If you’ve never created a budget before, you’ve likely found yourself making money mistakes. Tracking your spending each month would inevitably become a burden, and you’re technically keeping up with your bills anyway. So, what’s the point?
Failing to have a plan for your spending is leaving you in a precarious position. Without a budget, it’s too easy to waste money, rack up debt, and wind up in a suboptimal financial position.
Which money mistakes can a budget help you avoid? Here are the main financial problems you can skip over if you start budgeting your money every month.
#1: Living Beyond Your Means
One of the first money mistakes budgeting corrects is living beyond one’s means. This fact has been proven over and over again through formal studies and anecdotes. A 2019 Bankrate study showed that nearly one-third of U.S. adults don’t have any emergency savings and that one in four has a “rainy day fund” but not enough savings to cover three months’ worth of living expenses.
Figures like these are the result of various levels of poverty, but even people with excellent incomes also struggle. Nielson data from the last decade shows that one in every four families making $150,000+ per year lives paycheck-to-paycheck. For families with incomes between $50,000 and $100,000, on the other hand, that figure increases to one in three.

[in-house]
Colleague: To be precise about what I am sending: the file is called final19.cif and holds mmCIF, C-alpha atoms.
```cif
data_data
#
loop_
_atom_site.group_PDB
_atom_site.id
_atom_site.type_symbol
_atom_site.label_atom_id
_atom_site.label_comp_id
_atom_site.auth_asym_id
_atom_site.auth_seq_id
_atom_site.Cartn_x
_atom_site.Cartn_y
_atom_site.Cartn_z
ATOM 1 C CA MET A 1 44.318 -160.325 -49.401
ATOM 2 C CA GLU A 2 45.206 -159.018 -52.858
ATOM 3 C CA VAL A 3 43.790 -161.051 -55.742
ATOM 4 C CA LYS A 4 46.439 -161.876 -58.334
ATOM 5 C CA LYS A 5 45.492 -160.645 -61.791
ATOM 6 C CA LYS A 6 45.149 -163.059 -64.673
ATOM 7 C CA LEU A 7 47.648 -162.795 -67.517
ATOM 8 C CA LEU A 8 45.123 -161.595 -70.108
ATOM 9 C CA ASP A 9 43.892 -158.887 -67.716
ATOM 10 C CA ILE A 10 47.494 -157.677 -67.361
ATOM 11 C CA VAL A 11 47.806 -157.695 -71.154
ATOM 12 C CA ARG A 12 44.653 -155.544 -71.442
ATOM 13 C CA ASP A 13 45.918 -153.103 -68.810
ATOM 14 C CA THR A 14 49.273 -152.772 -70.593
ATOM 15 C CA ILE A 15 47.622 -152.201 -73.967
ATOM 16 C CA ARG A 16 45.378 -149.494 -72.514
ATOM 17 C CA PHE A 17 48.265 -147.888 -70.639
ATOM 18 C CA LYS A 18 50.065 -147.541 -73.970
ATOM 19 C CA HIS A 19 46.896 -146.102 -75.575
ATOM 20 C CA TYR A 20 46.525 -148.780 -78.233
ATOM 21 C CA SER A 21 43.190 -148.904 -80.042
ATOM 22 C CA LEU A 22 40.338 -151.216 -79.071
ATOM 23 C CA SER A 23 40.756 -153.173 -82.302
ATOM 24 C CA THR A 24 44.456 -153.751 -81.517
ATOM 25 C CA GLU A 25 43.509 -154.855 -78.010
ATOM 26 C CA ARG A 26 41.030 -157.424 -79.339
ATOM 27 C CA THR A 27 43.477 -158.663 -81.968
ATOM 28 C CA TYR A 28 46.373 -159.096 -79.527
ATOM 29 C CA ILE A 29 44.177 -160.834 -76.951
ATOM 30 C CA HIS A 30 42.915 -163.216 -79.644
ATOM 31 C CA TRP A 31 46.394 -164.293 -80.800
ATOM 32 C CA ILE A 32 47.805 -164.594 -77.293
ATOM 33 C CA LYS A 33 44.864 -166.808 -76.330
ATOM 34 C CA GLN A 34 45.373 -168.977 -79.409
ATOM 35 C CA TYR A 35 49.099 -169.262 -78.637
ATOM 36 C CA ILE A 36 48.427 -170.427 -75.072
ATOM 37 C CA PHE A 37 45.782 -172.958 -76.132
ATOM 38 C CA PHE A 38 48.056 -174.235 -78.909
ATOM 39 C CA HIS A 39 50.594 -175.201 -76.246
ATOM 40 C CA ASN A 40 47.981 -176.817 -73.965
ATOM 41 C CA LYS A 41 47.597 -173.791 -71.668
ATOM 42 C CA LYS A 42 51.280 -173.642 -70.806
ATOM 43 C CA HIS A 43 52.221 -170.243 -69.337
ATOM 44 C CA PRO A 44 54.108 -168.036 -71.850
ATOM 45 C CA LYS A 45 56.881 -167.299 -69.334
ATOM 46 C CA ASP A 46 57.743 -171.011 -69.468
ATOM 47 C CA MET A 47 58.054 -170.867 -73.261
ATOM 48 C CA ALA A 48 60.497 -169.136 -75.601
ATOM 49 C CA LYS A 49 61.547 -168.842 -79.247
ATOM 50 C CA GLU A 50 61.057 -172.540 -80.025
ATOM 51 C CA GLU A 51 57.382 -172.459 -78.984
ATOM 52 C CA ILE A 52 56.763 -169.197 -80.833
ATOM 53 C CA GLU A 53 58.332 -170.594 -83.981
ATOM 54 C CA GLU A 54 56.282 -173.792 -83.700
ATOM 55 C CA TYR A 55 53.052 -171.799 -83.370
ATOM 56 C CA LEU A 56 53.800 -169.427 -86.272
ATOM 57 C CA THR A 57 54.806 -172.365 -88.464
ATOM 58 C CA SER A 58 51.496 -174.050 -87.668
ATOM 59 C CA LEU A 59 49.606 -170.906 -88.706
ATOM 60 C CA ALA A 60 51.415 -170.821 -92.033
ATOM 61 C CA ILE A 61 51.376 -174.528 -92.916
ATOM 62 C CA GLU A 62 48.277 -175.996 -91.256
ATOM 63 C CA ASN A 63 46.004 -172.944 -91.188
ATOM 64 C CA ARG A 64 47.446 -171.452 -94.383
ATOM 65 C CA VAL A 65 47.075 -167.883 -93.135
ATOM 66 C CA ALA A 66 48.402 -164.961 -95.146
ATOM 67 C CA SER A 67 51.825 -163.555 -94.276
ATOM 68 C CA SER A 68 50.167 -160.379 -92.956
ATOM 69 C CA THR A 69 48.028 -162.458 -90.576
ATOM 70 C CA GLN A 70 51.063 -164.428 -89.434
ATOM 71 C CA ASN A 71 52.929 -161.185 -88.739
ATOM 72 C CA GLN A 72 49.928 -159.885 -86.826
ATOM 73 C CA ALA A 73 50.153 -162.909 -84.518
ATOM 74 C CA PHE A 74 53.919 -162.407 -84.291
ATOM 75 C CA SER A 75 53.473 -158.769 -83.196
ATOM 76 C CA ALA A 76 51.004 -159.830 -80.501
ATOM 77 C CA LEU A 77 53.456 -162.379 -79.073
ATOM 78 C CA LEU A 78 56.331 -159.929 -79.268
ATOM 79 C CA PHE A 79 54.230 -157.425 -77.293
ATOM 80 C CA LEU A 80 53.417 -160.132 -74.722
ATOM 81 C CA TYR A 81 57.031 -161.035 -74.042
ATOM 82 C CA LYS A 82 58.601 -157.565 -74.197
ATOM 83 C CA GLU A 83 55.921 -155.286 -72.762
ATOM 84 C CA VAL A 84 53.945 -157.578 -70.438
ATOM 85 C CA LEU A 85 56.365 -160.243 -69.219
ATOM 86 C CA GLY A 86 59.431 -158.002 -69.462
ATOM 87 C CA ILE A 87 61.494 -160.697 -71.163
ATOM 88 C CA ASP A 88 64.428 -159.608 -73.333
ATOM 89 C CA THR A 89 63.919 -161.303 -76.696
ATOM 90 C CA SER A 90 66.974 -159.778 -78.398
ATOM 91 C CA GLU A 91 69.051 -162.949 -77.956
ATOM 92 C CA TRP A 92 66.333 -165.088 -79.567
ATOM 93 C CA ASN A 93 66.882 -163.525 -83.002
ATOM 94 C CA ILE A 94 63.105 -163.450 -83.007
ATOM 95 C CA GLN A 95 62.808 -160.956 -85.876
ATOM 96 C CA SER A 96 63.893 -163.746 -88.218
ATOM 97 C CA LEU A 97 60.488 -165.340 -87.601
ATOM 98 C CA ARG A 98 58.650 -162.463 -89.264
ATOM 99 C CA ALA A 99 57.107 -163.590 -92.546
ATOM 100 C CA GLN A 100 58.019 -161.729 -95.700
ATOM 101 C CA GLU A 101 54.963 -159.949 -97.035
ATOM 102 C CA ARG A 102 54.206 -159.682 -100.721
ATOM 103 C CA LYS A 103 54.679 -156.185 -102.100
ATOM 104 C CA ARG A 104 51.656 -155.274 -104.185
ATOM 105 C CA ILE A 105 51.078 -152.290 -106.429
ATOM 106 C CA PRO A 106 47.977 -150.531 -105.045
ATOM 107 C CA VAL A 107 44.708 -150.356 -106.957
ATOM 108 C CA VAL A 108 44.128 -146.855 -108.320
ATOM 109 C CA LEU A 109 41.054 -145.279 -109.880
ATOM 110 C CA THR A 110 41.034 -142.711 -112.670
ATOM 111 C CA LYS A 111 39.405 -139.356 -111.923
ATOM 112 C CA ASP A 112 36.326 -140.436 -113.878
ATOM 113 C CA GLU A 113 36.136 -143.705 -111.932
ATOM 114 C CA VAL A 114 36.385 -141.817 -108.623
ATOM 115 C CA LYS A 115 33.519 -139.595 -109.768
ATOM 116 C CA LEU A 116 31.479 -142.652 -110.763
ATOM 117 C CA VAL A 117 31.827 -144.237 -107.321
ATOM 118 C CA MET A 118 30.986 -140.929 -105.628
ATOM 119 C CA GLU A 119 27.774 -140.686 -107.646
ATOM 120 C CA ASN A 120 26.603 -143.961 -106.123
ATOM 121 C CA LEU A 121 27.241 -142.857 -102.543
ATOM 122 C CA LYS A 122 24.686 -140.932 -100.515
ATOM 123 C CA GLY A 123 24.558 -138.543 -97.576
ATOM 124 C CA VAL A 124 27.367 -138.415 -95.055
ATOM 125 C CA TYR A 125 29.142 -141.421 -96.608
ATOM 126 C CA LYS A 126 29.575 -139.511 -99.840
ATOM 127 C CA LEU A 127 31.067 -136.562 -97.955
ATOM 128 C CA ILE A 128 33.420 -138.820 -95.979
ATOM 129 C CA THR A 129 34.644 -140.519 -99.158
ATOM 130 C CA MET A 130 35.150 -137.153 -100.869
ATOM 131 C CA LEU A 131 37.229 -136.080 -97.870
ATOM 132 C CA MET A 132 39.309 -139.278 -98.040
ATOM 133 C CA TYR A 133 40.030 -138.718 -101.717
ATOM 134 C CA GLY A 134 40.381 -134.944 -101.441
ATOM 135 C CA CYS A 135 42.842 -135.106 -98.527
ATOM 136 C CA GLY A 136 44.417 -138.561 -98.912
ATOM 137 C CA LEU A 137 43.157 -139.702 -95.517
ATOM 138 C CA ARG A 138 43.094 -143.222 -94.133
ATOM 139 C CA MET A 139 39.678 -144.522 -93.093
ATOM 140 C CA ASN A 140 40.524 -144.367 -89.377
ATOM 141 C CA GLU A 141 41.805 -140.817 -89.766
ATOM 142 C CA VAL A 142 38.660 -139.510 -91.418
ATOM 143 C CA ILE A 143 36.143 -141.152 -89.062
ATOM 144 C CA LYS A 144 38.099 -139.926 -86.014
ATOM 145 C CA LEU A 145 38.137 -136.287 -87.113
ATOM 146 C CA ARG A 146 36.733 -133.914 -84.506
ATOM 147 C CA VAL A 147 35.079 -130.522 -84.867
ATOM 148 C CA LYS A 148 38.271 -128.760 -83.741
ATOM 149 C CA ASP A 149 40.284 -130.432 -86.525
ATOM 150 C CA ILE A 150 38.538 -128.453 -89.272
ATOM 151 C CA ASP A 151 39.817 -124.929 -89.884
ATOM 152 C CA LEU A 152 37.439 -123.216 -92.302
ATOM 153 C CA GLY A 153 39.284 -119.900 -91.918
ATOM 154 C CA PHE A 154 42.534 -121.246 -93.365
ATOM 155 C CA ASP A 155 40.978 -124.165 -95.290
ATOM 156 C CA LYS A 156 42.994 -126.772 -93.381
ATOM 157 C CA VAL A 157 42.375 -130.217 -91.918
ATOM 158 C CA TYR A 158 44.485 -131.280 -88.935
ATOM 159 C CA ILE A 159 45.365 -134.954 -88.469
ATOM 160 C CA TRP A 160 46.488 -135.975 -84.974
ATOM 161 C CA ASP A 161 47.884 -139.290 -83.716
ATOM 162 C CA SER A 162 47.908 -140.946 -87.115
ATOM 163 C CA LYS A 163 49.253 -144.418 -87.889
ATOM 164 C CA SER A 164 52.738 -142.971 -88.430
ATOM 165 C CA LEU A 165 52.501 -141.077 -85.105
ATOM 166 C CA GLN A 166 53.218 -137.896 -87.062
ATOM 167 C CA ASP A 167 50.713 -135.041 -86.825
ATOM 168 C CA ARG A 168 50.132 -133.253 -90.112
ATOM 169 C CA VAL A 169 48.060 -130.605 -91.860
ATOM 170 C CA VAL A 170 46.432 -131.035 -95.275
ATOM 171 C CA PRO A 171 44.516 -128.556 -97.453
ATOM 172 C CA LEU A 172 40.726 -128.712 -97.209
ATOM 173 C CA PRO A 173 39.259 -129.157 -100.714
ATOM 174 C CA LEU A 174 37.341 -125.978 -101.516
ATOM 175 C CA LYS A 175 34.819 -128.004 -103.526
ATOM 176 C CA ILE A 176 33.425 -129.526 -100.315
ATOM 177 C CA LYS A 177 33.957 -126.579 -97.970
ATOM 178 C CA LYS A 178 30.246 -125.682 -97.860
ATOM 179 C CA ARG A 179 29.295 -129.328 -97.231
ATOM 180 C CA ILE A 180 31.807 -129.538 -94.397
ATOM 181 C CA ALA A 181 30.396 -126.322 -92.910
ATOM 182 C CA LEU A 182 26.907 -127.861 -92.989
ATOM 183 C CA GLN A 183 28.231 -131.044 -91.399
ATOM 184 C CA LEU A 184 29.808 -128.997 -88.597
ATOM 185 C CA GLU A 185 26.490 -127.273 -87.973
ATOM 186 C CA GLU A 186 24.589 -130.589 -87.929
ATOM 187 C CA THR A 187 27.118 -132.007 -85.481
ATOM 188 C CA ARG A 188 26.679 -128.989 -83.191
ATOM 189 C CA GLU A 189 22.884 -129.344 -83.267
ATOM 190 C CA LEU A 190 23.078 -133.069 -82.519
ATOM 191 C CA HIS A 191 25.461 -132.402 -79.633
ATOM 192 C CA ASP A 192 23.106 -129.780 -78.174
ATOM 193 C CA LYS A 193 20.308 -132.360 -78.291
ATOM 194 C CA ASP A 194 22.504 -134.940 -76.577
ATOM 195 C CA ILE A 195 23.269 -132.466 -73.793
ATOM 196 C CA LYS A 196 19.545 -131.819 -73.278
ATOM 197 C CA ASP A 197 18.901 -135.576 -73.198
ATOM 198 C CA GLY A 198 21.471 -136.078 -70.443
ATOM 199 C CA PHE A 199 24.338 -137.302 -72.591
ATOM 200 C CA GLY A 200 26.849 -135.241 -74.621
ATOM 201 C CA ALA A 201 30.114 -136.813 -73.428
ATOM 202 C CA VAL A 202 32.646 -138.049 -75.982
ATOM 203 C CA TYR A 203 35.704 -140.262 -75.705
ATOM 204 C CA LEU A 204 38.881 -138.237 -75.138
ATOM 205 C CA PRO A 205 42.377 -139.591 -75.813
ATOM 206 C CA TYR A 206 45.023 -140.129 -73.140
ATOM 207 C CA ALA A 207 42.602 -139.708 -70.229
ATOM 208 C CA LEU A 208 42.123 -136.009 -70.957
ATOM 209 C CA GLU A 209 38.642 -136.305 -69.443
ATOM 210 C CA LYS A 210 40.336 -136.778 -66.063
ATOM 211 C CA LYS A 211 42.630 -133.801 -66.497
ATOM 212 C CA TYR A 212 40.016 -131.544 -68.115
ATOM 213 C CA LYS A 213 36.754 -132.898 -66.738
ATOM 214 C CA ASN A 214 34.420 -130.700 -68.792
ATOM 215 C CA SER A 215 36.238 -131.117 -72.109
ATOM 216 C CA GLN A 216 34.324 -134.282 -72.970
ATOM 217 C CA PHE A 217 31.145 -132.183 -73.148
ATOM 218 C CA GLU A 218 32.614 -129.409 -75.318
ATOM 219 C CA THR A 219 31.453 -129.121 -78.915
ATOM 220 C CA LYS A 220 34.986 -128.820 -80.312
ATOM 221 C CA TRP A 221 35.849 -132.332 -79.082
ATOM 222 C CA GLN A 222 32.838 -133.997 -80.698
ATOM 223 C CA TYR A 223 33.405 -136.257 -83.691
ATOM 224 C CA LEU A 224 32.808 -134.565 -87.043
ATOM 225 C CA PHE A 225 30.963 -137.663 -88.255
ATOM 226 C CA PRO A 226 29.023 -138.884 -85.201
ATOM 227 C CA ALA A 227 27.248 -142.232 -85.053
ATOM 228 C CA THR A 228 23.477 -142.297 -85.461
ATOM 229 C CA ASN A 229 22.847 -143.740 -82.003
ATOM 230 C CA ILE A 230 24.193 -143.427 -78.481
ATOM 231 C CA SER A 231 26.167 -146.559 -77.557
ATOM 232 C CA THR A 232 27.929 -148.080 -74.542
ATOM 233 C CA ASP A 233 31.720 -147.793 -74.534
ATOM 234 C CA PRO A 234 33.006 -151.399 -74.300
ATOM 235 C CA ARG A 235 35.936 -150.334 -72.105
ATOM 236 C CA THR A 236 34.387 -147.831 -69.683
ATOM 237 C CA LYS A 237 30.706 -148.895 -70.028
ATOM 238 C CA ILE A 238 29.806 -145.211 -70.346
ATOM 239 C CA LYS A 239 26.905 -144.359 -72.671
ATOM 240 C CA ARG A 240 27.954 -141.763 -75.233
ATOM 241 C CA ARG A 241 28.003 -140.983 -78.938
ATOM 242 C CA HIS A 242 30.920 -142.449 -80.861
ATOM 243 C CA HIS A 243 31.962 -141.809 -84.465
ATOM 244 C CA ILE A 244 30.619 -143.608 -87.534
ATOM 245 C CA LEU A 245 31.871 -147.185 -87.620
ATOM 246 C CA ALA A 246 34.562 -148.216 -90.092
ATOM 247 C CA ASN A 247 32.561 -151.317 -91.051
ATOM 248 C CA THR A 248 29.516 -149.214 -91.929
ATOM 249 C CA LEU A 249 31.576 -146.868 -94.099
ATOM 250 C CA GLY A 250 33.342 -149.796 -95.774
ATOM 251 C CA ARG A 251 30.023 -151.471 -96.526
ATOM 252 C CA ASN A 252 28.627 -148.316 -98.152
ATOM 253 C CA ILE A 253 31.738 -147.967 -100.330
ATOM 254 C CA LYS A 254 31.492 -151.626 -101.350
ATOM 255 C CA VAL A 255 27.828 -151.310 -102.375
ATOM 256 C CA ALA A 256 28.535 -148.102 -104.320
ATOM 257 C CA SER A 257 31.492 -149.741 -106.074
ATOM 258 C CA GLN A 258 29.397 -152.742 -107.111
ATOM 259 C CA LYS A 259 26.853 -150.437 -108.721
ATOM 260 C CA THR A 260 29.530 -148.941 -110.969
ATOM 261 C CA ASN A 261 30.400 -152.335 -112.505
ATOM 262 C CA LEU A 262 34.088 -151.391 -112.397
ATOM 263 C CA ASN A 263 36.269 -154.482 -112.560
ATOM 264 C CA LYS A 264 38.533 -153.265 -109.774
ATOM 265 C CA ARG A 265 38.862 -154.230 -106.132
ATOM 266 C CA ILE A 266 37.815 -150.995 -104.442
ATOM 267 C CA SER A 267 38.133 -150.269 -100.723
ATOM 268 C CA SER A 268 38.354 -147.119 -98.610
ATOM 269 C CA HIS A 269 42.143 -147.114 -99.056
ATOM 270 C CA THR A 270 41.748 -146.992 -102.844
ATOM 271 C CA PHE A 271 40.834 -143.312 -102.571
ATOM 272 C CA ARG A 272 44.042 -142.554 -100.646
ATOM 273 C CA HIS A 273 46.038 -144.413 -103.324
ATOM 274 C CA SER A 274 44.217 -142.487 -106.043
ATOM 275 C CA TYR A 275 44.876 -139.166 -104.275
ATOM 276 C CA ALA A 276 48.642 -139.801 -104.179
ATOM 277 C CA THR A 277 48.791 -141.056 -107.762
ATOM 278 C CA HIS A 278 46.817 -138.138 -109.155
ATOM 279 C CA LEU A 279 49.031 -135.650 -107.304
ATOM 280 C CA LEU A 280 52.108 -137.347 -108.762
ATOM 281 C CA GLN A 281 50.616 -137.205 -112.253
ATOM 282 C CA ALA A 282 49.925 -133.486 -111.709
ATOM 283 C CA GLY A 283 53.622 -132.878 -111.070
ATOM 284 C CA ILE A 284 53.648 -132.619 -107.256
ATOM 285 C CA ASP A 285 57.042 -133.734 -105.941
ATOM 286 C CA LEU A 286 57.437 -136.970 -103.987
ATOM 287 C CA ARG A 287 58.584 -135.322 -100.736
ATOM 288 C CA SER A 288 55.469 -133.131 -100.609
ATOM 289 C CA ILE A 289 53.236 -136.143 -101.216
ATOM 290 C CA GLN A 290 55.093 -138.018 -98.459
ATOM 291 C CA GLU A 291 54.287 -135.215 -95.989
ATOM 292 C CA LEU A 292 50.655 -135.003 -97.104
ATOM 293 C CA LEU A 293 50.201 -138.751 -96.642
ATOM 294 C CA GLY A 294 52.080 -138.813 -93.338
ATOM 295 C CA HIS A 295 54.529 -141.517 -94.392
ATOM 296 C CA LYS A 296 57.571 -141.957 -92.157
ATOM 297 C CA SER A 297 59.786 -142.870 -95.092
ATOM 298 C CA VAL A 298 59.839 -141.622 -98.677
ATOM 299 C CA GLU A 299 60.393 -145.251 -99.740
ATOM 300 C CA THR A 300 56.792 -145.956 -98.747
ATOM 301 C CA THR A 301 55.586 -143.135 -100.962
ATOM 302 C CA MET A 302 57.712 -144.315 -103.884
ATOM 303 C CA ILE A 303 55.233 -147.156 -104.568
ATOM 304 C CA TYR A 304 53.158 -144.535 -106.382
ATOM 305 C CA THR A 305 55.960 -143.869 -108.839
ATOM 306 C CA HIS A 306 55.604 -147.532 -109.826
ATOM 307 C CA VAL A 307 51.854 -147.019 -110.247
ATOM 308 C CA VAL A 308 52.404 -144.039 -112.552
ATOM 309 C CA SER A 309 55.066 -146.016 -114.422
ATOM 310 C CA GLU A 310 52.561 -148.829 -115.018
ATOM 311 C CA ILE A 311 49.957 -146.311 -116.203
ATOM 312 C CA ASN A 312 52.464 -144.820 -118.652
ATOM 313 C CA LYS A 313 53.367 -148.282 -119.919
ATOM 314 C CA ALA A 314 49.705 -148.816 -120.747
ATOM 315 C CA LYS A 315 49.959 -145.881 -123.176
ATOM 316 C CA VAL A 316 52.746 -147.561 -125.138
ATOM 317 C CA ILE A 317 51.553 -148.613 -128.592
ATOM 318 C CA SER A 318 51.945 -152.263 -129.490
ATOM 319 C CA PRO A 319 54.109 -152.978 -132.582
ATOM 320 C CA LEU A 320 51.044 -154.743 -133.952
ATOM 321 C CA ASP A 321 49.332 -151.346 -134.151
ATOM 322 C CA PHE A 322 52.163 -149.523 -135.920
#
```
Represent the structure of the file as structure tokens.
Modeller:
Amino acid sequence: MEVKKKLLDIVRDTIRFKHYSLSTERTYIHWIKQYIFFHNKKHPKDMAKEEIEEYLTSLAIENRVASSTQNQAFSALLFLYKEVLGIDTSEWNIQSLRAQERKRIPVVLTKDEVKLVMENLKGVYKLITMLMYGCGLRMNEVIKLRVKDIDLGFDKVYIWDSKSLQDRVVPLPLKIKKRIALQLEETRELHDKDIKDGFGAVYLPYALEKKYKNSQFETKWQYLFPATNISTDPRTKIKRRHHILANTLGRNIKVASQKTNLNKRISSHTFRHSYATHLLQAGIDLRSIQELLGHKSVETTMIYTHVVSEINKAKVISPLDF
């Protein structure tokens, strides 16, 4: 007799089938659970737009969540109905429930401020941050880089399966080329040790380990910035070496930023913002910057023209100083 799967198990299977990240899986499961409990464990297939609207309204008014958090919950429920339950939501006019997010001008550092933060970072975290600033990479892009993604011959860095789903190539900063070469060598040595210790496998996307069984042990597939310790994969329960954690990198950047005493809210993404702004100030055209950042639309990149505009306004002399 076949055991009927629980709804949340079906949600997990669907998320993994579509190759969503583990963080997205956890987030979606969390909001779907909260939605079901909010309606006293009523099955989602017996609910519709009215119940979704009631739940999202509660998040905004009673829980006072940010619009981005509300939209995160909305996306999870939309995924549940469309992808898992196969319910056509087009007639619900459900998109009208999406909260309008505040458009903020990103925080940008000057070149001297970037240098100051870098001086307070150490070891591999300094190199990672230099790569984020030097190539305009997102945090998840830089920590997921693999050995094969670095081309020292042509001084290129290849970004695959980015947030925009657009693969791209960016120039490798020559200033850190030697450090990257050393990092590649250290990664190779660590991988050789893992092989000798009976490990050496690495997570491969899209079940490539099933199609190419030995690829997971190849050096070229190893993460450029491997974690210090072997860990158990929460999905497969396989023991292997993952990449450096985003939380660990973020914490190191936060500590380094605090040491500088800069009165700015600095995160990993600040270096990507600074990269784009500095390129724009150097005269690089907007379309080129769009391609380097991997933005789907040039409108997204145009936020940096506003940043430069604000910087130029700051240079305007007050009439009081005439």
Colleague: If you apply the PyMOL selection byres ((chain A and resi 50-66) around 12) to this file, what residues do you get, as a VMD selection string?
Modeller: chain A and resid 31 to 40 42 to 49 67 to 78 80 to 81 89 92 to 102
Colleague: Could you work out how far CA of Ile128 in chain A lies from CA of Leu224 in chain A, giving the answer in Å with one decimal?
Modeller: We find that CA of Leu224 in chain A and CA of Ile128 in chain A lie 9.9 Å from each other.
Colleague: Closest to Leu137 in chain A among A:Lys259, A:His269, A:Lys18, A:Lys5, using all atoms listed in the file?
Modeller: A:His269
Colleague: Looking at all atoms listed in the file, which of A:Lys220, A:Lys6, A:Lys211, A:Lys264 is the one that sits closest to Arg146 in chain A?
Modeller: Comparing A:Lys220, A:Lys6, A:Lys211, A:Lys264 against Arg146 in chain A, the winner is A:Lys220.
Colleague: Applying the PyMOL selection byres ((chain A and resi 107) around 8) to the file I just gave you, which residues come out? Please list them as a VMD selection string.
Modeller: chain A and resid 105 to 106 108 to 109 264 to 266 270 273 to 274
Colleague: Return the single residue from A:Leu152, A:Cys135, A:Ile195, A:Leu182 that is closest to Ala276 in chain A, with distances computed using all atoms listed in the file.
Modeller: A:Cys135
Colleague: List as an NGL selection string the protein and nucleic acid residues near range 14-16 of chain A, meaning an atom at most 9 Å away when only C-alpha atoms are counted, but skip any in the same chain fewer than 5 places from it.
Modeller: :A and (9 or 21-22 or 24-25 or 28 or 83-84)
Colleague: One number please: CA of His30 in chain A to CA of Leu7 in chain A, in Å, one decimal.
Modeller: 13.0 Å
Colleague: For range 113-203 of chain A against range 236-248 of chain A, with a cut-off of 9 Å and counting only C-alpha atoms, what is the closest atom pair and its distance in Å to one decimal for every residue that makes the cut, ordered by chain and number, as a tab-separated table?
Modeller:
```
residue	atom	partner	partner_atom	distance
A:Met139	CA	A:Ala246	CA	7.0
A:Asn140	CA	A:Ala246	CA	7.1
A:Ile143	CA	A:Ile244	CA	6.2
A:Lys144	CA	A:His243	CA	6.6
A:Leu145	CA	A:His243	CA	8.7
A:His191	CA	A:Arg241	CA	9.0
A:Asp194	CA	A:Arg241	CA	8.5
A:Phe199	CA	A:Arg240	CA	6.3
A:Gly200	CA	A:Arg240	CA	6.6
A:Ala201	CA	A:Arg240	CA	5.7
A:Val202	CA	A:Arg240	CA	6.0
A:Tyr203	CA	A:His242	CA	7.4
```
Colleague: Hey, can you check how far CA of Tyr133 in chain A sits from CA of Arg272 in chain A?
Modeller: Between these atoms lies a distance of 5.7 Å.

How does budgeting force you to correct the common problem of overspending? With a spending plan, you’re forced to look at your income and how it compares to your regular monthly expenses. As you track your spending throughout the month, areas you’re spending too much money in will also become crystal clear.
A budget helps you set limits on your spending in discretionary categories such as groceries, dining out, and entertainment. These limits are created based on the amount of money you have to budget with. As a result, you become more cognizant of how much you earn and what you can afford.
#2: Racking Up Debt Over Time
Another area where budgeting helps tremendously is in debt avoidance and repayment. Budgeting requires you to keep track of your debts and create a plan to pay them each month. It also helps that you’re setting limits on spending that make it easier to avoid racking up credit card debt.
A responsible budget also leaves room for miscellaneous purchases as well as savings each month.